The supreme sangha council, Thailand’s Buddhist governing body, has ordered monks not to participate in the months-long protests against Prime Minister Prayuth Chan-ocha and to restrain the power of King Maha Vajiralongkorn. The council has resolutions in the making to prohibit monks from any involvement in political matters and expressing opinions on, for example, the king.
More than 90 percent of Thai are Buddhists and this religion is traditionally seen as one of the pillars of Thai society, together the monarchy. While there has been no widespread participation of monks in protests, some have joined a 1,000-strong army of protesters in their monk robes.
The protesters are pushing for the removal of Prayuth, a former junta leader who held power after last year’s controversial elections. They also want a new constitution and a reduction in the power of the monarchy, which they say allowed decades of military domination. Under Prayuth’s junta, the king was given the power to appoint Thailand’s chief monk to lead the Sangha, even if the council had chosen a different candidate.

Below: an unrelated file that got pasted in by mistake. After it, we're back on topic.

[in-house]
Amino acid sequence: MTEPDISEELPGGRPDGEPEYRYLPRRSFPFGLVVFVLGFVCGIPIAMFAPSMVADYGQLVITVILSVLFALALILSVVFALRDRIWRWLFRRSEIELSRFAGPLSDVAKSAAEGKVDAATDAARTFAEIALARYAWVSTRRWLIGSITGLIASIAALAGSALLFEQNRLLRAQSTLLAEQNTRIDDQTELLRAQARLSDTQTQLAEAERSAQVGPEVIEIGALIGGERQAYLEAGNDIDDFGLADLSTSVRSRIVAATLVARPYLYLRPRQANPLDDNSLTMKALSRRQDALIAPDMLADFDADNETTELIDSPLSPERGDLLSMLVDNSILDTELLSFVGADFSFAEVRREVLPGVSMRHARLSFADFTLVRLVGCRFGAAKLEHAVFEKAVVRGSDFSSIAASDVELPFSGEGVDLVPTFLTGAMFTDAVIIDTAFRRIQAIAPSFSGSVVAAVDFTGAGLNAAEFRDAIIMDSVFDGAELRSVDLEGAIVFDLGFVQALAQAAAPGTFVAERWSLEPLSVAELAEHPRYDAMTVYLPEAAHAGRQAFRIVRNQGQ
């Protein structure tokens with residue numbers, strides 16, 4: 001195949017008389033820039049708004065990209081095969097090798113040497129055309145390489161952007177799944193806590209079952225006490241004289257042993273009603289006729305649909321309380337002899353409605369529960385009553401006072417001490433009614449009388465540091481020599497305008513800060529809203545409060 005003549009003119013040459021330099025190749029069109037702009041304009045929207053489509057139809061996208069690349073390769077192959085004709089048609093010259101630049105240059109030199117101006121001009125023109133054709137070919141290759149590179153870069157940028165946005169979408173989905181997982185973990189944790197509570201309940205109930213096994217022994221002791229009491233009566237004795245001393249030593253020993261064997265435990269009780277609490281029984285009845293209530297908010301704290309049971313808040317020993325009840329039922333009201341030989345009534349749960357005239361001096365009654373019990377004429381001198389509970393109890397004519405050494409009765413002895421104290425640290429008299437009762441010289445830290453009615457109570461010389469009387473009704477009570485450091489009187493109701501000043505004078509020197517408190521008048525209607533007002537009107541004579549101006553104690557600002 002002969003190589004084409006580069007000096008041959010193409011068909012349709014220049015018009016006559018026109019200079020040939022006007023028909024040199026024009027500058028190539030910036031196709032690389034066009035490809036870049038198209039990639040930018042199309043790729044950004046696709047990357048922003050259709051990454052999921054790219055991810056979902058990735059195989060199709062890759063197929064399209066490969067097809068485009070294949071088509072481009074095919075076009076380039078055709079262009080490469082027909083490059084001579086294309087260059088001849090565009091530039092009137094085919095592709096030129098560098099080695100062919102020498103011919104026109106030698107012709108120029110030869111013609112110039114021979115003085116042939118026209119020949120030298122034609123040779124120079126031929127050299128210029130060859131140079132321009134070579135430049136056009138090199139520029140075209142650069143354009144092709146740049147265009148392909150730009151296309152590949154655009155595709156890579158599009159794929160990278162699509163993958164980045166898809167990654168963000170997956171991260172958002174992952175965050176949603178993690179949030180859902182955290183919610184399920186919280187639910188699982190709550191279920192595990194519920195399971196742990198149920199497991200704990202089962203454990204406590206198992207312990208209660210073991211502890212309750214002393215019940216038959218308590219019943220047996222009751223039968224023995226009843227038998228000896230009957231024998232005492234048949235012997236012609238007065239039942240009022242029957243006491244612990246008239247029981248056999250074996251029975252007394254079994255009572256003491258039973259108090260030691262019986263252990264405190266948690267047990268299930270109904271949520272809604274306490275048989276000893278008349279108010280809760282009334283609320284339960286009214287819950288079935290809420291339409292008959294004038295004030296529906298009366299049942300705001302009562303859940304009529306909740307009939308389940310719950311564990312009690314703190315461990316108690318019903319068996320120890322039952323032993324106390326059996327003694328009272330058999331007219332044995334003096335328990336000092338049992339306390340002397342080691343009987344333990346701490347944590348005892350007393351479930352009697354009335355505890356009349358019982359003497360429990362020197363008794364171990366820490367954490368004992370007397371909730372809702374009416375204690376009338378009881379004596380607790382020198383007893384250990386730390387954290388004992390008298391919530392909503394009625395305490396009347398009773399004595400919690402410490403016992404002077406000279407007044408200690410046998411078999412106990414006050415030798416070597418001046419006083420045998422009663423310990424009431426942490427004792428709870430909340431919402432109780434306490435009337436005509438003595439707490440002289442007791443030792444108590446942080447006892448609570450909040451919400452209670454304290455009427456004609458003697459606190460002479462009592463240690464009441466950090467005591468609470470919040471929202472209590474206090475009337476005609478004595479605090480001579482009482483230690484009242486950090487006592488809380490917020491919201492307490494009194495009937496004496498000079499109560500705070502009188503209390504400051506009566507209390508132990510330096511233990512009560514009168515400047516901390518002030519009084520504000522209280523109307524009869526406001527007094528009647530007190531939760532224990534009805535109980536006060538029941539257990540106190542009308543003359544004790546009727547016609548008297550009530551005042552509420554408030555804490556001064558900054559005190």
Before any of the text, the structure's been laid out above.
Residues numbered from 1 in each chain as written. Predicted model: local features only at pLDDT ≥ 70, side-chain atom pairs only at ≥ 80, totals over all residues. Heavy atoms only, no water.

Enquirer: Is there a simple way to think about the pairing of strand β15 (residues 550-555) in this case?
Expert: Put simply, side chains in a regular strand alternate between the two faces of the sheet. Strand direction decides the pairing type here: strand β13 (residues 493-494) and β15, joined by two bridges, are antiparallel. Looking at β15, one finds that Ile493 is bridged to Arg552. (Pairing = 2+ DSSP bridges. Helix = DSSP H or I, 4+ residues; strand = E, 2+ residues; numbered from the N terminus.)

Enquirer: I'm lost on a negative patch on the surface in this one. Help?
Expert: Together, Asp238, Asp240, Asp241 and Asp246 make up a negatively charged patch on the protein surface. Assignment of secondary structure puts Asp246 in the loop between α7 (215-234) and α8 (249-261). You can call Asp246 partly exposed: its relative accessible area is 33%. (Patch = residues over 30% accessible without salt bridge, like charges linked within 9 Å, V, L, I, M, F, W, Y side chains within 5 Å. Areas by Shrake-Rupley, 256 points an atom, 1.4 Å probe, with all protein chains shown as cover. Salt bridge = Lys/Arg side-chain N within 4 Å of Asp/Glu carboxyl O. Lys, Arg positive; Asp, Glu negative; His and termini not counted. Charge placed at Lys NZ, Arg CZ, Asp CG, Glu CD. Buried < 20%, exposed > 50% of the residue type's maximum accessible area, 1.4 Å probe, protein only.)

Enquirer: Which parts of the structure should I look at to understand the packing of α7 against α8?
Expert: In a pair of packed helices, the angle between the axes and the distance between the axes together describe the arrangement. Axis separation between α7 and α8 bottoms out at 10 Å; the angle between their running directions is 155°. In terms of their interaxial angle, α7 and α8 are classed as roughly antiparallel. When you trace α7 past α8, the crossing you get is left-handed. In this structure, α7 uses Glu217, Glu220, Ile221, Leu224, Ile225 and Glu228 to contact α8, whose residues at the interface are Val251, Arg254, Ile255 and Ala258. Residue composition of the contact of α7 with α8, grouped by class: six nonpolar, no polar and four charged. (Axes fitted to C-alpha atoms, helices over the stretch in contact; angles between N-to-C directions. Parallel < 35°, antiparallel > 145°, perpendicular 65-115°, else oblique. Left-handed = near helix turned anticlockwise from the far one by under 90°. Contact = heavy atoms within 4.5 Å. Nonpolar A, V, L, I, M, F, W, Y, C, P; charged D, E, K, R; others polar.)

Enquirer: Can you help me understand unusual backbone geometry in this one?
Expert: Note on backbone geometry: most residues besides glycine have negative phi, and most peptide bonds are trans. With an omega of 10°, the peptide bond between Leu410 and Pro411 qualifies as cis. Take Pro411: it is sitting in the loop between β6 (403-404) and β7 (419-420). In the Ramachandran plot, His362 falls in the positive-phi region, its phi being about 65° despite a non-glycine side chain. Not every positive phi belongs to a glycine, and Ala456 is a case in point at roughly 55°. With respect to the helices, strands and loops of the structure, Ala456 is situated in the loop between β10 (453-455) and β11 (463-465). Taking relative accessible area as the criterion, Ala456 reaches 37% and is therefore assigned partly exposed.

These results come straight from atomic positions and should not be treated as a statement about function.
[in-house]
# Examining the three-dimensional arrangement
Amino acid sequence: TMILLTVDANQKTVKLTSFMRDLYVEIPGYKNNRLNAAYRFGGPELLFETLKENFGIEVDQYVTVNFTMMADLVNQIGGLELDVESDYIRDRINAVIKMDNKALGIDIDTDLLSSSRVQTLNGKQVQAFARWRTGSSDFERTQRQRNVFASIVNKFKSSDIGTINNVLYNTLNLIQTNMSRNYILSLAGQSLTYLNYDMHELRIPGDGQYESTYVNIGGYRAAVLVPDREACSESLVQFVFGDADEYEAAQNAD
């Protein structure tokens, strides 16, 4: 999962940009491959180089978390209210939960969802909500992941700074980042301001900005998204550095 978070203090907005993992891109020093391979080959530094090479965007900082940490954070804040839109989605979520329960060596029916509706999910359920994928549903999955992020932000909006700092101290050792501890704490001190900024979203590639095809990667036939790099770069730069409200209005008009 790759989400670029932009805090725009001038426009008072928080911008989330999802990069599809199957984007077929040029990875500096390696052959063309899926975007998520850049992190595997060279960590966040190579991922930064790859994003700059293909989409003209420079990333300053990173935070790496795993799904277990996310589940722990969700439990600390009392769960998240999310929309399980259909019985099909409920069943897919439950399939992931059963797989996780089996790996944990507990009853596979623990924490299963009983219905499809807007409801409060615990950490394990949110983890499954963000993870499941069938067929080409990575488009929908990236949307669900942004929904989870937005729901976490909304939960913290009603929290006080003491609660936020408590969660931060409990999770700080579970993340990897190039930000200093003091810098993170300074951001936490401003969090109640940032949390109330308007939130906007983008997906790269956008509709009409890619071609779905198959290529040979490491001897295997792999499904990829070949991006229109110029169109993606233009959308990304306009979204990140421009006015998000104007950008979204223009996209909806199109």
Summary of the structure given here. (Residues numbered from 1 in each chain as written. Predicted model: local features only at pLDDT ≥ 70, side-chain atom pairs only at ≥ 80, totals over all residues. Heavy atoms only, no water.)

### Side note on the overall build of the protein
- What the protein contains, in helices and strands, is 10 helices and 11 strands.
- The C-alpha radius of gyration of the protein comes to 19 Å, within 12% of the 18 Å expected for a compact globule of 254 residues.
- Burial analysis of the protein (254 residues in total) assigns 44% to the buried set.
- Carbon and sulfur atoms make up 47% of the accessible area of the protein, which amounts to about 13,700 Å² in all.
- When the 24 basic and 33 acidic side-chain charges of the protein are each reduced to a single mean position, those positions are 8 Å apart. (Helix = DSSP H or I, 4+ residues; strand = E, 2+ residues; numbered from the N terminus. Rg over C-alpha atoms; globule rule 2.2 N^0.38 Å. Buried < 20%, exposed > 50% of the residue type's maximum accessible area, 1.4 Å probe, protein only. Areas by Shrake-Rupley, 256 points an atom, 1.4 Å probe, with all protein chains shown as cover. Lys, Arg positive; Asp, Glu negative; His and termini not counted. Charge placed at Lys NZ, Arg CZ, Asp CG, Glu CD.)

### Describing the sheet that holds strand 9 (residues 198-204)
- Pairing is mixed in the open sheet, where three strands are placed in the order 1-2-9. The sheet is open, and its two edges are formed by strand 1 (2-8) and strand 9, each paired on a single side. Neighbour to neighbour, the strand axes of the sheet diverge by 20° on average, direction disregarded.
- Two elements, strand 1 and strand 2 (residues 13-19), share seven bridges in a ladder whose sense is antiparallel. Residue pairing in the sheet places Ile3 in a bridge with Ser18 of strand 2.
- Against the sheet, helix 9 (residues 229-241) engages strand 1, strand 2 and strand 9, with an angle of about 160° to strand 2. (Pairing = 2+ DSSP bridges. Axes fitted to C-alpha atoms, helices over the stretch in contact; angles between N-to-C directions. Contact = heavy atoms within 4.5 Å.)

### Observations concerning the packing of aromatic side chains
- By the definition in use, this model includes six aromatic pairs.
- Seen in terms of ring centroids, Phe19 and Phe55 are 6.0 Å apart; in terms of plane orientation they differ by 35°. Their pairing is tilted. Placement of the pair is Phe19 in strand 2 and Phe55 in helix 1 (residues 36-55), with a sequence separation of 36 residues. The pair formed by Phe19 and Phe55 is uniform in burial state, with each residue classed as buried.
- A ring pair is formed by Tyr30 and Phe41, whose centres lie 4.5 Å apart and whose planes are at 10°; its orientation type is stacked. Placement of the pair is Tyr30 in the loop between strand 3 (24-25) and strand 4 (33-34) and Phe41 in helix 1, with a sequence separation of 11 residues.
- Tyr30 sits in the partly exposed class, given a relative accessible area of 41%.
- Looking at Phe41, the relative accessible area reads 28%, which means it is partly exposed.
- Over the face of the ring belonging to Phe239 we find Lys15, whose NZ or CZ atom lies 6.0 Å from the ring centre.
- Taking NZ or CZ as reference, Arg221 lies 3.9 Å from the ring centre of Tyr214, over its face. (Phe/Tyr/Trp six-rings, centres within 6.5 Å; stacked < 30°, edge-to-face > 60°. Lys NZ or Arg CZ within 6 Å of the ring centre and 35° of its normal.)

Thai monks are not allowed to vote and were in principle already excluded from politics. They have never played such a big part in Thai politics as the monks who helped push Burma (Myanmar) towards democratic reforms more than a decade ago.